Further, can someone show me where the chief law enforcement officer has jurisdiction on the judiciary? Just curious.

JohnF said...

I was puzzled by this statement from the Times' article, quoted by Ann: "When the question of whether the international tribunal’s ruling must be followed reached the United States Supreme Court last year, President Bush issued a memorandum to Attorney General Alberto R. Gonzales directing state courts to abide by the decision of the tribunal."

The attorney general doesn't run the state courts, so how could he be directed to have them do anything? Is this just bad reporting for a presidential directive instructing the A.G. to intervene in state court proceedings and state the U.S. position? Does anybody actually have a copy of the "memorandum"?

Al Maviva said...

John, you really don't get it, do you? Here's how the Living Breathing Constitution works.

The state district court decides the criminal case, unless the Mexican executive branch intervenes. On appeal, the state appellate court decides issues of law, unless the President of the U.S. and the Attorney General decide otherwise. On discretionary appeal, the state supreme court and federal courts issue a final decision in the case - unless the ICC, the Hague, the United Nations or the Supreme Court of Zimbabwe, or some obscure Scottish professor of comparative law feel otherwise - in which case the U.S. Supreme Court interprets the intent of those august bodies, in the name of treaty and international law.

And if you you don't like that result, you can always appeal to your local town council or college student body legislature to overrule that decision and give you something more in keeping with your personal preferences.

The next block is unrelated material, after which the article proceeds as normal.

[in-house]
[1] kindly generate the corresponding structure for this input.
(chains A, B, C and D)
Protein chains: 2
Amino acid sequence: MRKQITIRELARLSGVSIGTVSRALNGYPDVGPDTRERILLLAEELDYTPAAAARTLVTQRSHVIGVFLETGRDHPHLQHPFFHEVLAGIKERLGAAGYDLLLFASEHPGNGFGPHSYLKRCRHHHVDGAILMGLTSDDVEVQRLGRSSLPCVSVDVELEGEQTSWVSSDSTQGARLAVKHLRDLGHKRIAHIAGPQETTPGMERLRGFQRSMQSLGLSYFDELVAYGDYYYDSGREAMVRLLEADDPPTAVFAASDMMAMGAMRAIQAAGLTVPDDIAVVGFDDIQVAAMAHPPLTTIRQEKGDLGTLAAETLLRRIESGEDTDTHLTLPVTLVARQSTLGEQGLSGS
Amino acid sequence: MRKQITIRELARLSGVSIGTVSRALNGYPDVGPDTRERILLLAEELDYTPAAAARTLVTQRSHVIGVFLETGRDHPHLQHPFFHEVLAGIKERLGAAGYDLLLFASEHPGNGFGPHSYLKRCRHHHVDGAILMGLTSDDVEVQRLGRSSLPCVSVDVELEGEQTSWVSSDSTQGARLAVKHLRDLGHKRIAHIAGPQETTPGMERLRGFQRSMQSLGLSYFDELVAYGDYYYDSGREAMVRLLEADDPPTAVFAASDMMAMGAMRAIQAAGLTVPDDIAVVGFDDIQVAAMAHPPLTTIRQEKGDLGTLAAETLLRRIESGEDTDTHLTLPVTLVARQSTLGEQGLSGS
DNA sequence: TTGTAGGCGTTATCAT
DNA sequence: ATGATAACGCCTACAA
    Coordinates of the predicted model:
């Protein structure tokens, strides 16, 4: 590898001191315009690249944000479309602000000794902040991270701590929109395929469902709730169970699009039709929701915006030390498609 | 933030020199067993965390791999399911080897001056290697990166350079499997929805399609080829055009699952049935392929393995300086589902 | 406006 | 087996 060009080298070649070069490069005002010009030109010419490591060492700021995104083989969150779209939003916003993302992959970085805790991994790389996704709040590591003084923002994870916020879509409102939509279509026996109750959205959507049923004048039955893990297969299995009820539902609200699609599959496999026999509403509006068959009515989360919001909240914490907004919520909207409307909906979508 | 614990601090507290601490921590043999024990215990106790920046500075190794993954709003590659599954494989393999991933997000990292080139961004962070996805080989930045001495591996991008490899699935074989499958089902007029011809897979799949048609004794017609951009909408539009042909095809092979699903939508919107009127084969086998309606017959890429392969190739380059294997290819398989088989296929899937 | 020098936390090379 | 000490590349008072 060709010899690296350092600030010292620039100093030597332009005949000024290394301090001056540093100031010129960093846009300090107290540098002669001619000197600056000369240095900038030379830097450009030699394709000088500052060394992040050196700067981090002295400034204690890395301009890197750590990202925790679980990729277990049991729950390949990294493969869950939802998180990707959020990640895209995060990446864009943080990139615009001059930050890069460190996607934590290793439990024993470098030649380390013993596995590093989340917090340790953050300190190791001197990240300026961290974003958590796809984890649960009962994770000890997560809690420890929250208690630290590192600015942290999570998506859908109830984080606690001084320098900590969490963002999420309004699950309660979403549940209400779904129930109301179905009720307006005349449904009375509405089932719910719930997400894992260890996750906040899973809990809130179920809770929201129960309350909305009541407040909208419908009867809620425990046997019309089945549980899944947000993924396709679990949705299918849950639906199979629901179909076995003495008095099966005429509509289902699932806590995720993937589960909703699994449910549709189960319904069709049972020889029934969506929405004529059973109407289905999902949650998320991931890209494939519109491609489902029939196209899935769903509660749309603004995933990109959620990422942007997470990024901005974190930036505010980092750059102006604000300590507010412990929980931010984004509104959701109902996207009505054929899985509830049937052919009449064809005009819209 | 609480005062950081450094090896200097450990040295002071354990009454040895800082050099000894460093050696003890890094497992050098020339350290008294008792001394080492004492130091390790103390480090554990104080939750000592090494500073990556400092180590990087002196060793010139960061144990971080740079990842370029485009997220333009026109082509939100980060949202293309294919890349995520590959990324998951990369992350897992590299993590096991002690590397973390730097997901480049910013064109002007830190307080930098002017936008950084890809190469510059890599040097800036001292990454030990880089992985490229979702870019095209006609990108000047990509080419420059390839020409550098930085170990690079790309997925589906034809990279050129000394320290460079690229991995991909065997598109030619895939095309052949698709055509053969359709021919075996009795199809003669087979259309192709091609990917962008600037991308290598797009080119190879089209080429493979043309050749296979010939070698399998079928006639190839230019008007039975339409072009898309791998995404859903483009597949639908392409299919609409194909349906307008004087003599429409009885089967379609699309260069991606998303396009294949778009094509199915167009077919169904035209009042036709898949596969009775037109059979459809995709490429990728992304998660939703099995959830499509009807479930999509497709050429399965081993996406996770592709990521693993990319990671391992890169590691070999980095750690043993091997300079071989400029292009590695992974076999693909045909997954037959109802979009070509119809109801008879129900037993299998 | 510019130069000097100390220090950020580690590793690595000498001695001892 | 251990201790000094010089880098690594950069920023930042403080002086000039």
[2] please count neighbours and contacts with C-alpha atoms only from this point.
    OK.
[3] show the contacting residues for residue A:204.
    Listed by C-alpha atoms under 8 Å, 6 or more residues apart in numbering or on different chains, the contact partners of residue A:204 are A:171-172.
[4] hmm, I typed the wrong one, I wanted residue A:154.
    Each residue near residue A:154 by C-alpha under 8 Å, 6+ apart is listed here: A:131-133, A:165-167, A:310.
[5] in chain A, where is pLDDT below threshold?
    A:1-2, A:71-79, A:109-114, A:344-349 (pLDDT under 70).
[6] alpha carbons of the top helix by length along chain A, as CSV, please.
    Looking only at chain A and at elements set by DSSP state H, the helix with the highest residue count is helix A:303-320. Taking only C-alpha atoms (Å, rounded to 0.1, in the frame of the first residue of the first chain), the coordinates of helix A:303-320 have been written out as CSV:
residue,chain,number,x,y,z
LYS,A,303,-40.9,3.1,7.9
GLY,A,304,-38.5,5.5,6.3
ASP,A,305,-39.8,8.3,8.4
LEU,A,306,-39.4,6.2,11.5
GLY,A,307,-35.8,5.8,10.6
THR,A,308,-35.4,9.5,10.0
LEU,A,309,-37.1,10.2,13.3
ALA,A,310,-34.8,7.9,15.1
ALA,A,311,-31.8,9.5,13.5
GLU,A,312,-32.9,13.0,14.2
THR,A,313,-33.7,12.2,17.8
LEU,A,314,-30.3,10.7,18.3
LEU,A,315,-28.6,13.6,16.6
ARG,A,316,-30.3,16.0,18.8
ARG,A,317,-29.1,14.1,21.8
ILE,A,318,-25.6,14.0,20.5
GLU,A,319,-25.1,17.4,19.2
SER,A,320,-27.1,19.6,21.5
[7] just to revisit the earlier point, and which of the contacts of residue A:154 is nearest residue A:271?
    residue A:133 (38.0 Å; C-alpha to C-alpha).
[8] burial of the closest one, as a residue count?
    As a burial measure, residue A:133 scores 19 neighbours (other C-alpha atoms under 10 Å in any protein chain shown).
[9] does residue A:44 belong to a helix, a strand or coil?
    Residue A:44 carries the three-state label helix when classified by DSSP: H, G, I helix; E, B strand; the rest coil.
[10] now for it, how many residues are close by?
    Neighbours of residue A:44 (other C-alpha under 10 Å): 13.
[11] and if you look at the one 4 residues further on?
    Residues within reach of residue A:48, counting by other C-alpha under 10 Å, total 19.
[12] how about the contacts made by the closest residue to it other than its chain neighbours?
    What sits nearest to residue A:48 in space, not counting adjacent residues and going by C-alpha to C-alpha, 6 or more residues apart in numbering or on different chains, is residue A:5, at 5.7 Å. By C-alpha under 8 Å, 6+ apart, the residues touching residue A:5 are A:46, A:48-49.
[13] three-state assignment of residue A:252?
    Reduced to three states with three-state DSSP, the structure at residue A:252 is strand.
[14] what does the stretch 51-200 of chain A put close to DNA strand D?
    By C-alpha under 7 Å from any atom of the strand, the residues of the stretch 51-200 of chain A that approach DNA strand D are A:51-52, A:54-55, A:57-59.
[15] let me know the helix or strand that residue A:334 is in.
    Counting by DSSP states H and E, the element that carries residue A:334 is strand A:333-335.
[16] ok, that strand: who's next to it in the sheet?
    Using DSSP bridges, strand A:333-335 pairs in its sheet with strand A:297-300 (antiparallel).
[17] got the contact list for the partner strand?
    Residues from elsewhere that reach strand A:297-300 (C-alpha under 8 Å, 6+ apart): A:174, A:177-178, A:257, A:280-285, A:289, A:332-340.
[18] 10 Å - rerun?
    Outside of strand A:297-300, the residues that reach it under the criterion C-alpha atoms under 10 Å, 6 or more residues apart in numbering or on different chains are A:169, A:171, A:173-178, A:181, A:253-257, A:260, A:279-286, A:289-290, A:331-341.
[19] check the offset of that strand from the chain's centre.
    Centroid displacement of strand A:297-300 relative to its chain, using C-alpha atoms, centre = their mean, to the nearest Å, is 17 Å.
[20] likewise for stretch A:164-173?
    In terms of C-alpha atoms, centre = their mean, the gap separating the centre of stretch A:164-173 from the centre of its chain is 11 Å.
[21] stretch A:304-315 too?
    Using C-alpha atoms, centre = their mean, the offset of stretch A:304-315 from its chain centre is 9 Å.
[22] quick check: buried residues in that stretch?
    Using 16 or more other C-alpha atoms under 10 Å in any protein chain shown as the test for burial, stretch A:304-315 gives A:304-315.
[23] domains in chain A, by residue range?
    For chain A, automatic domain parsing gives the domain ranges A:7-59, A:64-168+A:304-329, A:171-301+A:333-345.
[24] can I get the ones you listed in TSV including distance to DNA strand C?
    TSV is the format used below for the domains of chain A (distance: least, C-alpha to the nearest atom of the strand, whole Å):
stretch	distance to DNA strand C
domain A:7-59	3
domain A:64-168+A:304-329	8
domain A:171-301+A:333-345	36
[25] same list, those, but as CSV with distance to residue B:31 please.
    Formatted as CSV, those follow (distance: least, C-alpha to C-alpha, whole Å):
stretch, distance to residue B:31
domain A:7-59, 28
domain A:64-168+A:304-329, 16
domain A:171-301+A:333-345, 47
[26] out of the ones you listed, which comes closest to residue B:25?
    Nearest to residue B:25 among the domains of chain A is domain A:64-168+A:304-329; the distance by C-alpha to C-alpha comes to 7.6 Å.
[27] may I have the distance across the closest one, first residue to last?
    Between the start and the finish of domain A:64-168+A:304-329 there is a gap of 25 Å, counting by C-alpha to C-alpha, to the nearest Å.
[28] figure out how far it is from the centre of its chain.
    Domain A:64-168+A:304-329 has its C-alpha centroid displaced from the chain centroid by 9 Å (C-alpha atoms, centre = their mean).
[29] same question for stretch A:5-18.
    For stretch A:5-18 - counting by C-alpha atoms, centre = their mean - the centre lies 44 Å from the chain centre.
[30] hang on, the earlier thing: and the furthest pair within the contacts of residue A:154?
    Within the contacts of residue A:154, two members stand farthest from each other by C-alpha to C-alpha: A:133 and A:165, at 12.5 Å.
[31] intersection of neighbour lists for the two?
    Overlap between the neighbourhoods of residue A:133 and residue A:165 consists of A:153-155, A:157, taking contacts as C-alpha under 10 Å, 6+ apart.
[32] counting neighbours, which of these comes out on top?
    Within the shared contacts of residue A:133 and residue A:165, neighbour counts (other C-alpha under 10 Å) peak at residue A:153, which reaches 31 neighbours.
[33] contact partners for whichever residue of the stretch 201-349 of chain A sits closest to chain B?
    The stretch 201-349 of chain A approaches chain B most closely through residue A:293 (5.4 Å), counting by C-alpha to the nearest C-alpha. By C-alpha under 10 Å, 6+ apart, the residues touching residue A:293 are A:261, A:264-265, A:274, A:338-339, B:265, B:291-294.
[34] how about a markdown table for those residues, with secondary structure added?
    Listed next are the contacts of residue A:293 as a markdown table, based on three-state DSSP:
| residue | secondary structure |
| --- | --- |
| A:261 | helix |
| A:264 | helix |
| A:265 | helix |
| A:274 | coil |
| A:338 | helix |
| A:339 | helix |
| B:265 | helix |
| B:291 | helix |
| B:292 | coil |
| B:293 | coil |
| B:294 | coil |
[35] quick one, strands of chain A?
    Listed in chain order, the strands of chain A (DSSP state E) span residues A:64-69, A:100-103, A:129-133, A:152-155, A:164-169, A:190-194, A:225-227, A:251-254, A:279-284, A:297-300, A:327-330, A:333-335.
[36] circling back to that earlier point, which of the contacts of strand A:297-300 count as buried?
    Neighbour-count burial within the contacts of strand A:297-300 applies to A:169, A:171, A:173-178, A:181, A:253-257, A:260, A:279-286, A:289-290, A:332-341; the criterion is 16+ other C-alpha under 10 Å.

I think that's how it works...

Seven Machos said...

Having served as an American consular officer, I find this fascinating and I am not sure where to start. Americans in jail in other countries do get visits from local consular officials whenver possible, and it's possible virtually everywhere, every time.

Off the top of my head, I would say that it is very likely that there is fundamentally no way that the Mexican government has the resources to visit or even track all the Mexican prisoners in the U.S.

JohnF said...

I found what I think is the "memorandum" here.


It's not long, and just says:

Memorandum for the Attorney General

SUBJECT: Compliance with the Decision of the International Court of Justice in Avena

The United States is a party to the Vienna Convention on Consular Relations (the "Convention") and the Convention's Optional Protocol Concerning the Compulsory Settlement of Disputes (Optional Protocol), which gives the International Court of Justice (ICJ) jurisdiction to decide disputes concerning the "interpretation and application" of the Convention.

I have determined, pursuant to the authority vested in me as President by the Constitution and the laws of the United States of America, that the United States will discharge its inter-national obligations under the decision of the International Court of Justice in the Case Concerning Avena and Other Mexican Nationals (Mexico v. United States of America) (Avena), 2004 ICJ 128 (Mar. 31), by having State courts give effect to the decision in accordance with general principles of comity in cases filed by the 51 Mexican nationals addressed in that decision.

This seems to me only to ask the A.G. to do what he can to get the state courts to obey the international tribunal. I don't see how this usurps anybody's constitutional position, unless the argument is being made that just because of this memo the state courts are bound to obey. Was that the argument?